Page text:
Increasing evidence shows that disease spreading in amyotrophic lateral sclerosis (ALS) follows a preferential pattern with more frequent involvement of contiguous regions from the site of symptom onset. Aim of our study is to assess if: 1) burden of upper (UMN) and lower motor neuron (LMN) involvement influences directionality of disease spreading; 2) specific patterns of disease progression are associated with motor and neuropsychological features of different ALS subtypes (classic, bulbar, primary lateral sclerosis, UMN-predominant, progressive muscular atrophy, flail arm, flail leg); 3) specific clinical features may help identify ALS subtypes which remain localized to site of onset for a prolonged time (regionally entrenching ALS, re-ALS). A single-center, retrospective cohort of 913 Italian ALS patients was evaluated to assess correlations between directionality of the disease process after symptom onset and motor/neuropsychological phenotype. All patients underwent an extensive evaluation including the following clinical scales: Penn Upper Motor Neuron Score (PUMNS), MRC scale for muscle strength and Edinburgh Cognitive and Behavioural ALS Screen (ECAS). The most frequent initial spreading pattern was that towards adjacent horizontal regions (77.3%), which occurred preferentially in patients with lower MRC scores (p = 0.038), while vertical diffusion (21.1%) was associated with higher PUMNS (p < 0.001) and with reduced survival (p < 0.001). Non-contiguous disease spreading was associated with more severe UMN impairment (p = 0.003), while contiguous disease pattern with lower MRC scores. Furthermore, non-contiguous disease spreading was associated with more severe cognitive impairment in both executive and visuo-spatial ECAS domains. Individuals with re-ALS were more frequently women (45.6% vs 36.9%; p = 0.028) and had higher frequencies of symmetric disease onset (40.3% vs 19.7%; p < 0.001) and bulbar phenotype (38.5% vs 16.4%; p < 0.001). Our study suggests that motor phenotypes characterized by a predominant UMN involvement are associated with a vertical pattern of disease progression reflecting ipsilateral spreading within the motor cortex while those with predominant LMN involvement display more frequently a horizontal spreading from one side of the spinal cord to the other. These observations raise the hypothesis that one of the mechanisms underlying disease spreading in ALS pathology is represented by diffusion of toxic factors in the neuron microenvironment. Finally, it is possible that in our cohort, re-ALS forms are mainly observed in patients with atypical bulbar phenotypes, characterized by a slowly progressive course and relatively benign prognosis.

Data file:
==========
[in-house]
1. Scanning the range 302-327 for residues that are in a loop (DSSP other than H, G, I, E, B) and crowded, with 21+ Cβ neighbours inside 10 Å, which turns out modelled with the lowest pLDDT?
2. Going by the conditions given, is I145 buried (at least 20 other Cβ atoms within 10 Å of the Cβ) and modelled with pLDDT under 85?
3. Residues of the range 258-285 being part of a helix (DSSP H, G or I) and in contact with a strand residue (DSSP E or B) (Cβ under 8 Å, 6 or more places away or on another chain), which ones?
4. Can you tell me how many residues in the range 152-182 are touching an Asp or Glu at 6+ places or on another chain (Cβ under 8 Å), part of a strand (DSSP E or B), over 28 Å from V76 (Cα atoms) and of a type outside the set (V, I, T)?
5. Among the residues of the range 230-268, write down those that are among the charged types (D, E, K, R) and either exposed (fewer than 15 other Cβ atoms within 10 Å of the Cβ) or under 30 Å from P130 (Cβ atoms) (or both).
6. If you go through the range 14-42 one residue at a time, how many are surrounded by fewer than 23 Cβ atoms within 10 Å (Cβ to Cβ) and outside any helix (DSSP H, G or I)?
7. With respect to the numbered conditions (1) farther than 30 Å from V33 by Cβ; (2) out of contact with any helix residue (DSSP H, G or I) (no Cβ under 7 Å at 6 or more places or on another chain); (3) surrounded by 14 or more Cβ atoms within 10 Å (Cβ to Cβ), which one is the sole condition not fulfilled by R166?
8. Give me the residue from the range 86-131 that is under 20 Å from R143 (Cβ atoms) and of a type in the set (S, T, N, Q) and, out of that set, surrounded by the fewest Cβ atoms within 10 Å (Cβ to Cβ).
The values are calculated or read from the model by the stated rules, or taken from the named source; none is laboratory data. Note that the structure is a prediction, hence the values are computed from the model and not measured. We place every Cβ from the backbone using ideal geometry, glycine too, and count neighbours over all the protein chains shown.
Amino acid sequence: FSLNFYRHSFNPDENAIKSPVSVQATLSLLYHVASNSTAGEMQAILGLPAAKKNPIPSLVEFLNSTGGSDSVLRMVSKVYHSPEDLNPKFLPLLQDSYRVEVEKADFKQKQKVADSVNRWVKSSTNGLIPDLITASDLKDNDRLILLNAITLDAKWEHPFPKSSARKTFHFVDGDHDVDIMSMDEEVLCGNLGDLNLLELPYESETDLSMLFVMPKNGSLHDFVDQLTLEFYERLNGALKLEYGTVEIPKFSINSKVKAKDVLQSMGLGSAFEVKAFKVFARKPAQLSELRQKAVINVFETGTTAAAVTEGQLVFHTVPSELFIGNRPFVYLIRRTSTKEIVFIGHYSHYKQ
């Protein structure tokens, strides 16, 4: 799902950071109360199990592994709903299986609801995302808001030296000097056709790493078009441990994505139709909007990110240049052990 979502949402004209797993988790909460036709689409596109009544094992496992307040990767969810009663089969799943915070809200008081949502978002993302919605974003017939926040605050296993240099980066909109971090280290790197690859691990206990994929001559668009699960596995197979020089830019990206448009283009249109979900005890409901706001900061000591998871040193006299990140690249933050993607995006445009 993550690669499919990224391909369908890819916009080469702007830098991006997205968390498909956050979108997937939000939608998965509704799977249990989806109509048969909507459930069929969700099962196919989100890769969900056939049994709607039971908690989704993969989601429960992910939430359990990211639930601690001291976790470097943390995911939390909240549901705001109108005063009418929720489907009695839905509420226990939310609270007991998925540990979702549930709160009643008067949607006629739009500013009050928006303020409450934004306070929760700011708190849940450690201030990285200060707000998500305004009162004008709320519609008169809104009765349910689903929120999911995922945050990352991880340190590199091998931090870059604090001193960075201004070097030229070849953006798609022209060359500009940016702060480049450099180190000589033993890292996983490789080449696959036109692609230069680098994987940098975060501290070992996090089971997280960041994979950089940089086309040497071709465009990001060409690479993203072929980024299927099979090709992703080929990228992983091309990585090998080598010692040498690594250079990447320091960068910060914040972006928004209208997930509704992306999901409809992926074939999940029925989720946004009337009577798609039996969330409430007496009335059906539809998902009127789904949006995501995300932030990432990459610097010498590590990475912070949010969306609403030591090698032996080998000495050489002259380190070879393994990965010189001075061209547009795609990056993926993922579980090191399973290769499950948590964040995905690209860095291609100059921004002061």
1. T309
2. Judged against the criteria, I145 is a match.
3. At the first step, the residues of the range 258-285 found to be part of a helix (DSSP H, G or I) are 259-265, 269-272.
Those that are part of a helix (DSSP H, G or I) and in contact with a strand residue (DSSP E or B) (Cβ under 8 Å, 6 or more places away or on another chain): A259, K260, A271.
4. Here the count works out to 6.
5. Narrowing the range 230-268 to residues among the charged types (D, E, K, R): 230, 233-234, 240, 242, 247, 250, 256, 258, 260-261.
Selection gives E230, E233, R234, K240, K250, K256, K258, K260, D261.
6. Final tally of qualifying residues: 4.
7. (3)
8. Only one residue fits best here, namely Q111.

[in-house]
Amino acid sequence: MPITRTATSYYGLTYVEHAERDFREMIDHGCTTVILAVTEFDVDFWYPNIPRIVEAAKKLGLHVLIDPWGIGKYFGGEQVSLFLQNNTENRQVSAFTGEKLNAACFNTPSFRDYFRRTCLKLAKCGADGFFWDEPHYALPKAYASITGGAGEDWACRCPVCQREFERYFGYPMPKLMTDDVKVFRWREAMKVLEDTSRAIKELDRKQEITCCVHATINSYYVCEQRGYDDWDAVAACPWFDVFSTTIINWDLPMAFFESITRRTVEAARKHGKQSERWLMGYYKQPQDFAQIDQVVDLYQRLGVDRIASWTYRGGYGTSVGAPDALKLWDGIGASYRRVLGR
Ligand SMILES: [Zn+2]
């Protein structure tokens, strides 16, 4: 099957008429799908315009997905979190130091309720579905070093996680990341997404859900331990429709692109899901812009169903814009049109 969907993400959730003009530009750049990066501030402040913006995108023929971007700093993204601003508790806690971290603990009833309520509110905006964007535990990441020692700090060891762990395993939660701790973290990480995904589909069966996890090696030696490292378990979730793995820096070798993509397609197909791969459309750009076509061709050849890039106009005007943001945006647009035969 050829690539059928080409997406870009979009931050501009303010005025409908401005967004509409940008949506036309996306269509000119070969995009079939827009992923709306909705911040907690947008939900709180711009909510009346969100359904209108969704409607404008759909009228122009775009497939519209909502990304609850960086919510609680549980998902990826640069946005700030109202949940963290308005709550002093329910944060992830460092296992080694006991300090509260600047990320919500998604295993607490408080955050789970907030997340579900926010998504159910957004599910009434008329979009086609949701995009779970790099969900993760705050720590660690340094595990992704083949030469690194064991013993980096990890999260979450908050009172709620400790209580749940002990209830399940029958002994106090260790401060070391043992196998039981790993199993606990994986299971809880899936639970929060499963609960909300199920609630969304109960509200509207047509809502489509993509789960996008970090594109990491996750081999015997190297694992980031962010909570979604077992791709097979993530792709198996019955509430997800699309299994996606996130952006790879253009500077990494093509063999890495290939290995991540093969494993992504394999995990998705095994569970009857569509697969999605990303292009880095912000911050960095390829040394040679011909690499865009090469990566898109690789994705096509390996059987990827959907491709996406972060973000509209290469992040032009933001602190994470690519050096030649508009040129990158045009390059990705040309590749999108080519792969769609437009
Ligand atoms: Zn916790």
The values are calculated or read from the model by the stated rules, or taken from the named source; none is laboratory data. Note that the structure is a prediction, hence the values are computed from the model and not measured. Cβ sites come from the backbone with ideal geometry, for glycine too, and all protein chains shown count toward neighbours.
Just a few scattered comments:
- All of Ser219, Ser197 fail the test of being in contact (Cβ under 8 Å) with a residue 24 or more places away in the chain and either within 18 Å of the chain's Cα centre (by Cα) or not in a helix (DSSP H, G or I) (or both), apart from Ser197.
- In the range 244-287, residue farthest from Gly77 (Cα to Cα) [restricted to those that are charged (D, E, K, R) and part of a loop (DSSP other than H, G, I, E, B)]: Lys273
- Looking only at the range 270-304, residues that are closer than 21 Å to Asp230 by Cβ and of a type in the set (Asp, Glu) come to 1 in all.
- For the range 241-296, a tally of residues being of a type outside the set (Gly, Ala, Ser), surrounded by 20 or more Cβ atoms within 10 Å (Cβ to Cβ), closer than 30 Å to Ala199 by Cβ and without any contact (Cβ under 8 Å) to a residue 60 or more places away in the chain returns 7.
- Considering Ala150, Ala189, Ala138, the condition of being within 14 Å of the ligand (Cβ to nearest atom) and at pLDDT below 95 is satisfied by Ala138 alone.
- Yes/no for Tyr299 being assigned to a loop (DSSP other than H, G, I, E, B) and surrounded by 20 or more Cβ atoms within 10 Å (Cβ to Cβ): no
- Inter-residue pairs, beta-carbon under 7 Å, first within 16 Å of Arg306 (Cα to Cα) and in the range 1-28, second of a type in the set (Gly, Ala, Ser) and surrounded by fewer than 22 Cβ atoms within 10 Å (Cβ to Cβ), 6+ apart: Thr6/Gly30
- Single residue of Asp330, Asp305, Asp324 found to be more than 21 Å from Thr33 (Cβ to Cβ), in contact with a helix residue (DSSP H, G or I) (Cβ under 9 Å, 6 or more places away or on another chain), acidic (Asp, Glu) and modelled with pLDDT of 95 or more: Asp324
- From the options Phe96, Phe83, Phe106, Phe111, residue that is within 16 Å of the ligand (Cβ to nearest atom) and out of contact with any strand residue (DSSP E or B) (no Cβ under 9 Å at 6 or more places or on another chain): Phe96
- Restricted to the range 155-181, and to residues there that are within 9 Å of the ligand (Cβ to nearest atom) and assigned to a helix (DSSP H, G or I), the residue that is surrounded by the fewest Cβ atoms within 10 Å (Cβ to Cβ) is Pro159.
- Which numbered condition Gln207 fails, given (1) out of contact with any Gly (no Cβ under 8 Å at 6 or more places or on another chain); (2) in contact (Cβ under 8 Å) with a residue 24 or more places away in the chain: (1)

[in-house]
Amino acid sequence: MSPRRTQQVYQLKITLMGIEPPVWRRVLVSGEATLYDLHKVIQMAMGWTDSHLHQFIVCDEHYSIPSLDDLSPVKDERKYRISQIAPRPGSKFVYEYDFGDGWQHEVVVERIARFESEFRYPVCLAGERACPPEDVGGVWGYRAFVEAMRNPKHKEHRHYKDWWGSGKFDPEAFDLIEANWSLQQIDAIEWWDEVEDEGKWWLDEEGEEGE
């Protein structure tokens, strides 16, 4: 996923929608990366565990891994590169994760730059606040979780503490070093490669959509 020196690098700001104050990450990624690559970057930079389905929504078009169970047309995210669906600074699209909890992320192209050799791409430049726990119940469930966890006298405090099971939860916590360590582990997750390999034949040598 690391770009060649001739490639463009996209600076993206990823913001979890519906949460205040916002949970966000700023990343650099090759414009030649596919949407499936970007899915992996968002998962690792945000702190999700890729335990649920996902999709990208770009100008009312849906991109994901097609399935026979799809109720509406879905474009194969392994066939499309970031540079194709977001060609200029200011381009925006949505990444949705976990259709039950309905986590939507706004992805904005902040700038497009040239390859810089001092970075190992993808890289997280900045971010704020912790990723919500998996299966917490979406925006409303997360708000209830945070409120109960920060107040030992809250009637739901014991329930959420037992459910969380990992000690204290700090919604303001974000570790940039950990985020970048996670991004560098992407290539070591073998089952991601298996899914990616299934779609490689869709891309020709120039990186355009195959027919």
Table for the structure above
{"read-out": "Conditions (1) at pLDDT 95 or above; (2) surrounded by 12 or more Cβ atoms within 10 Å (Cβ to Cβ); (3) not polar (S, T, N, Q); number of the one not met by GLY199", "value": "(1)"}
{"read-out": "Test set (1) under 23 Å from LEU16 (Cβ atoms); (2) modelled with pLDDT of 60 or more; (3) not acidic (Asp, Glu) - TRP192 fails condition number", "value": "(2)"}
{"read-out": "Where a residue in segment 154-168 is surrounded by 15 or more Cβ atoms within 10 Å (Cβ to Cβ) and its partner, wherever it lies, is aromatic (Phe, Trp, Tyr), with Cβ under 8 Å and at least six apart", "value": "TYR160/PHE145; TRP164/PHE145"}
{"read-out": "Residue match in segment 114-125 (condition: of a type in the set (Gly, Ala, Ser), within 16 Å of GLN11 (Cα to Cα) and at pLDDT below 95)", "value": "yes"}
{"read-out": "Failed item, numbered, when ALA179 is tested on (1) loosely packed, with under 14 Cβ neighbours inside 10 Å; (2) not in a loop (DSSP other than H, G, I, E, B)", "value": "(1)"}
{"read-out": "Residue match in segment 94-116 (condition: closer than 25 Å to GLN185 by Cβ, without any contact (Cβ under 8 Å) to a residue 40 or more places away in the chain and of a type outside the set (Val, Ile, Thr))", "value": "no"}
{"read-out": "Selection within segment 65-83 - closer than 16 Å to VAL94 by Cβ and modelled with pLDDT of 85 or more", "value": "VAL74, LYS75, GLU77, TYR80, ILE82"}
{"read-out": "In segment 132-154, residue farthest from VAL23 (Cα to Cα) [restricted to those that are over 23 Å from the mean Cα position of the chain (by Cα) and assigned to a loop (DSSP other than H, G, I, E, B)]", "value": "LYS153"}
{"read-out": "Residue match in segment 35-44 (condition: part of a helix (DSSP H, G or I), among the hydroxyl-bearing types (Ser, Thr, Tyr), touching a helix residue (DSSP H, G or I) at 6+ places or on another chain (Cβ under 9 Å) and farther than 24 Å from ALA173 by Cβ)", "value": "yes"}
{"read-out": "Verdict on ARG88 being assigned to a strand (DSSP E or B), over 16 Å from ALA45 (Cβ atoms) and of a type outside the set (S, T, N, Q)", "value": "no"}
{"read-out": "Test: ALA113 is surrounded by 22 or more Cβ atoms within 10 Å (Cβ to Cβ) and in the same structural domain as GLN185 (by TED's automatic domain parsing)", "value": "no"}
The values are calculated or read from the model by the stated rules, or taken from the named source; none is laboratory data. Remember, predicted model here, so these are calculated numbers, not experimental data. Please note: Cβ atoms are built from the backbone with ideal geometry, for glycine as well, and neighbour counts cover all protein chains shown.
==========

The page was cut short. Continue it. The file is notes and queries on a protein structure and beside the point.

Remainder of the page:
Regional spreading pattern is associated with clinical phenotype in amyotrophic lateral sclerosis / A. Maranzano, F. Verde, E. Colombo, B. Poletti, A. Doretti, R. Bonetti, D. Gagliardi, M. Meneri, L. Maderna, S. Messina, S. Corti, C. Morelli, V. Silani, N. Ticozzi. - In: BRAIN. - ISSN 0006-8950. - (2023). [Epub ahead of print] [10.1093/brain/awad129]

Regional spreading pattern is associated with clinical phenotype in amyotrophic lateral sclerosis

A. Maranzano
Primo
;
F. Verde
Secondo
;